If it isn’t dominance, it wouldn’t be fair to just leave you with that an explanation of what it isn’t without telling you what it is! The answer to this much depends on the situation. Here are some examples; Fido jumps up on the sofa next to you – is he trying to dominate you? No, but he does think the sofa is comfy! He growls at you when you try to move his food bowl, clearly indicating he’s dominant over you – are you sure? In the past, with or without realising it we will have taken things from them and not given them back – a sock they ran off with, something they started eating that they shouldn’t have whilst out on a dog walk, they remember. They know that when you take things they don’t come back, and their food is important to them, they simply don’t want you to take it away – assuming that they have taken into account a type of hierarchical social ranking is adding complexity to the situation that the dog isn’t even vaguely bothered about! The most common one we hear is probably “the little one is trying to dominate the big one” In all likelihood, the little one is worried about the big one. It’s simply fear that you’re observing, we don’t like to think our two dogs might be anxious about the other, but if you’re able to recognise this, you can really start to help them. In these situations, if we can replace the word “submissive” with “fearful” or realise that the top dog may simply be the dog that doesn’t suppress it’s anxiety and demonstrates how worried it is through aggression, these scenarios begin to make sense without any need for Dominance Theory.

Dominance Theory persists 19 years after its inventor discredited it. This is essentially because it is easy – most of us want a quick fix! We’d be pretty annoyed if we went to the garage and they said your car would take 3 months to fix, and it’s the same with our dogs. If your dog does something where you think it’s trying to dominate you, and you pin it to the ground, it’s likely that the poor dog is absolutely terrified of that ever happening again, and so the behaviour stops pretty quickly. Spending week after week trying to train and change your dog’s behaviour away from that same behaviour that you didn’t like is slow, time consuming and lots of effort. So if a trainer offers a quicker solution, it’s tempting to take it and even more so if you don’t realise why the quick fix is working – do any of us really want our loved pets to be terrified of us?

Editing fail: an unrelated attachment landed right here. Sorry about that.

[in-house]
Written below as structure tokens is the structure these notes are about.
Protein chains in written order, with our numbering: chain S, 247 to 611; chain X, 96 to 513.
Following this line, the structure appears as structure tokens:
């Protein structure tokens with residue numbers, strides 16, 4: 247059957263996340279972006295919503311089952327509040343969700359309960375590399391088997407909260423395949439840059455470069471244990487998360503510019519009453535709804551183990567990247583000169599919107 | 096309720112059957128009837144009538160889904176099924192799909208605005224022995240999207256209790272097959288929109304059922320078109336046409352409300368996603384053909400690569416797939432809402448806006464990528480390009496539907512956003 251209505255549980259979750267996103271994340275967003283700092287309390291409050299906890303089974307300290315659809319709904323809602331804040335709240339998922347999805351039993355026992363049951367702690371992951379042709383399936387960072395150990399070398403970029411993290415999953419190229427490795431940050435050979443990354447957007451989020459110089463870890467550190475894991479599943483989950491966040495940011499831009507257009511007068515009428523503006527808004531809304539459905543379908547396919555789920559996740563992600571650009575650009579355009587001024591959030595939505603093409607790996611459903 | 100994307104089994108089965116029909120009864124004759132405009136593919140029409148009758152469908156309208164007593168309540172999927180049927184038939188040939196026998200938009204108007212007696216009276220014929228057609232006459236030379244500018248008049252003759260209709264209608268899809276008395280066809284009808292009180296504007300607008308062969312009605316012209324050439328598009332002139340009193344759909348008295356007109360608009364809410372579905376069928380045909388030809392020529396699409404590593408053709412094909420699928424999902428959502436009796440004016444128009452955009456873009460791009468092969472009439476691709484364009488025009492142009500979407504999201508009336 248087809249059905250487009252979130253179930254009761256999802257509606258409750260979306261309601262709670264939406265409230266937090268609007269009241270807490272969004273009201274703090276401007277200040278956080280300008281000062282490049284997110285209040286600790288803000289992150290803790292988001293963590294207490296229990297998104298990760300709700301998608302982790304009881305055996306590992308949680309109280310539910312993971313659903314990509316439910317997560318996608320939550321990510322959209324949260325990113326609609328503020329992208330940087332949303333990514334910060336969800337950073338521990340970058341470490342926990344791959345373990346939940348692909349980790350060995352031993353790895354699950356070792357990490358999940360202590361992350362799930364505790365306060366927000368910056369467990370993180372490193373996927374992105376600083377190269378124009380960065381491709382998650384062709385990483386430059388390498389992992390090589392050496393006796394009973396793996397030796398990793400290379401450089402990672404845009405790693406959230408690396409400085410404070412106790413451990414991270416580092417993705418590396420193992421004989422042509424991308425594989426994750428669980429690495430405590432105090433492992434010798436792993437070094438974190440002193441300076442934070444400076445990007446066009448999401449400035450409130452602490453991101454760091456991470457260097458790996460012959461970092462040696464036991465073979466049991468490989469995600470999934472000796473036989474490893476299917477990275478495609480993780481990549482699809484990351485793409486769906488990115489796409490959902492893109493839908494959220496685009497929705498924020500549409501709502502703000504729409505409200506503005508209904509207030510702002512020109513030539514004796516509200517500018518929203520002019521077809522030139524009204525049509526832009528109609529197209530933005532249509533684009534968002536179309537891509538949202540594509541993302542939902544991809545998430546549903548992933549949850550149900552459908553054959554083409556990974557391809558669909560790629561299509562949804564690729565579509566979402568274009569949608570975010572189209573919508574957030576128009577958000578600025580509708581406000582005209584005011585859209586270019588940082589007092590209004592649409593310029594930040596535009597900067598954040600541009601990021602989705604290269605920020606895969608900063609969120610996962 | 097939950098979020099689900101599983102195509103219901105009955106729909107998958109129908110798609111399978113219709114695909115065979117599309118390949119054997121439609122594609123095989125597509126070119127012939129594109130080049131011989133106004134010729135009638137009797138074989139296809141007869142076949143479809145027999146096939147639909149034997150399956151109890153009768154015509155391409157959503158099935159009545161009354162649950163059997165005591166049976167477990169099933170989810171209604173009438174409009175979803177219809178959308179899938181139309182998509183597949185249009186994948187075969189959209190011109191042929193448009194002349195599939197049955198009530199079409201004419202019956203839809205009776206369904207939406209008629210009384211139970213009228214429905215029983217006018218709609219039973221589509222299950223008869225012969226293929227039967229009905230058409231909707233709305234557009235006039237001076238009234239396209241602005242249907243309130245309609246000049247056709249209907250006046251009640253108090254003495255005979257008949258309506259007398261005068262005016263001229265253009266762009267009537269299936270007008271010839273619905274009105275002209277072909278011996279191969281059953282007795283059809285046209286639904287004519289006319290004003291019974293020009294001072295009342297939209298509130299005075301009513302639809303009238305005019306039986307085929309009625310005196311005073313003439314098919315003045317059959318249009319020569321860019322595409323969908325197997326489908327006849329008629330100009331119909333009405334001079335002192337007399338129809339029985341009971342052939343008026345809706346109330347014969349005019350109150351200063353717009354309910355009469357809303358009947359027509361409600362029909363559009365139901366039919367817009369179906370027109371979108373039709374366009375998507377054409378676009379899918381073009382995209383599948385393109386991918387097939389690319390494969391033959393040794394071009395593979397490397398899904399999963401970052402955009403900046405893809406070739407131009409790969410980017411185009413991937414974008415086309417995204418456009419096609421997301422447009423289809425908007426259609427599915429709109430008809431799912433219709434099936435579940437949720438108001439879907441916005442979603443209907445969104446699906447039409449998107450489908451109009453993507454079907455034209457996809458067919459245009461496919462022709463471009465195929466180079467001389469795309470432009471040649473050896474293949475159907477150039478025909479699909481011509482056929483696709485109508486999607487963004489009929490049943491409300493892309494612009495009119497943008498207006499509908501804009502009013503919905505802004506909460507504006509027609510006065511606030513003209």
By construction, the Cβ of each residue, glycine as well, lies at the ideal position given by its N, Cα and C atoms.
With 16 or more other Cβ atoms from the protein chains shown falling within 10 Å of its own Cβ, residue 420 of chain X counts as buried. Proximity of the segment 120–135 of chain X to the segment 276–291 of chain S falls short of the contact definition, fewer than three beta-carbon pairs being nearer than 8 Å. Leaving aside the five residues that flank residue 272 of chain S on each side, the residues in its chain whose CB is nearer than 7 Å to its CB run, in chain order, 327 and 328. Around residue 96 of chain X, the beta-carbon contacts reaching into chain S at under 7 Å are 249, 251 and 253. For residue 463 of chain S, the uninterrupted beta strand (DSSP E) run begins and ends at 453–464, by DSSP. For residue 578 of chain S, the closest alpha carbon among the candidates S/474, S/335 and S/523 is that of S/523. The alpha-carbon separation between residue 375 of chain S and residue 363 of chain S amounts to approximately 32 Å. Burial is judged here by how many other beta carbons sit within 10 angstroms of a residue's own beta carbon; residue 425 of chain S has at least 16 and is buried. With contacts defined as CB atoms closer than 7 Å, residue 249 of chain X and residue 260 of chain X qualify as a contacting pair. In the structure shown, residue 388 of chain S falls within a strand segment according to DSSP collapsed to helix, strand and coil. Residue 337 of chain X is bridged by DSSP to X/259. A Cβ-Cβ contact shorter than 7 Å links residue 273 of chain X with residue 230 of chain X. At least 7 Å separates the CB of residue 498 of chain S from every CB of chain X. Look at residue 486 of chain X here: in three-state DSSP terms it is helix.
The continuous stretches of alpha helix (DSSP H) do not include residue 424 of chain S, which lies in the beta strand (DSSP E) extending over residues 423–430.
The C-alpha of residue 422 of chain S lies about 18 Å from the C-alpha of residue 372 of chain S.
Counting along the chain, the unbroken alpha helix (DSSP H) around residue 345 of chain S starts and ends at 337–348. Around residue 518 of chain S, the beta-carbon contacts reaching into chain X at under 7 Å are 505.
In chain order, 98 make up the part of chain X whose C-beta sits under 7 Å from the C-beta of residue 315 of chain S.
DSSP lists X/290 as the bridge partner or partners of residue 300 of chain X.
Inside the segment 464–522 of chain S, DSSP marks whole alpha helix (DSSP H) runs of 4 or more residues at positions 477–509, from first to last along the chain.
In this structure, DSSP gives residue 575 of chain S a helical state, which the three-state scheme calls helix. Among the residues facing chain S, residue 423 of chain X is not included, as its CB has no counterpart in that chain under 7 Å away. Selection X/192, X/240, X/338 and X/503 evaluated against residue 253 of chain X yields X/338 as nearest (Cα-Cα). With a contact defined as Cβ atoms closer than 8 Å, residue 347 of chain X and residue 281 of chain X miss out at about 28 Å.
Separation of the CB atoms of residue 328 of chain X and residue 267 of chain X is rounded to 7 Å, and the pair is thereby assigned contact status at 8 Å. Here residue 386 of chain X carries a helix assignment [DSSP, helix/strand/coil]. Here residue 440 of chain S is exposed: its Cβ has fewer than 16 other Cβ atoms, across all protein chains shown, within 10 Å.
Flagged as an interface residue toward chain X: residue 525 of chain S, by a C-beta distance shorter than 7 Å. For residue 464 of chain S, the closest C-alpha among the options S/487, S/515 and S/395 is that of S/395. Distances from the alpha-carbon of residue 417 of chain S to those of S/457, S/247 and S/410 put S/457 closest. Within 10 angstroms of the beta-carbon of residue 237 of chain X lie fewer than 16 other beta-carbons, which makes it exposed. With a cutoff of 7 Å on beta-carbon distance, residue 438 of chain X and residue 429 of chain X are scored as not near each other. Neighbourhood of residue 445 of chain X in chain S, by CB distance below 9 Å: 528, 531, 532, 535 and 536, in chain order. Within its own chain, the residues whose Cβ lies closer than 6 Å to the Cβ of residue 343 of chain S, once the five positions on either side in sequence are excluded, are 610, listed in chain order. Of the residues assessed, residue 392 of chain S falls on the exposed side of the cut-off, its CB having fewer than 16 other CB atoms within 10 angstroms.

A final word to ask if any of this matters? Is it doing any harm to believe in dominant and submissive dogs? Unfortunately it is a damaging and negative myth that does cause a lot of harm to dogs around the country. A dog that is so worried and stressed, anxious and scared of what it’s owners going to do next to it in an effort to stay dominant, is not a happy dog. A dog that is so worried about other dogs in its home that it spends all of its time licking their faces, turning over on its back for other dogs, is not a submissive dog, it’s just a scared dog trying to appease the situation – the equivalent of you taking a cake into work on your first day, are you now a submissive colleague? Or are you simply trying to be in their good books because you’re anxious?

It’s so important to recognise that trainers and owners who have believed in dominance and maybe implemented techniques to be the pack leader have only ever done what they believed to be right and good. But as we now know the truth we can move forward in a positive and progressive way with our much loved pooches.

In one of our next posts we’ll examine training techniques – positive and negative as these link in nicely from where this introduction finishes.

We think all that’s left to say is... Please don’t wee on your sofa…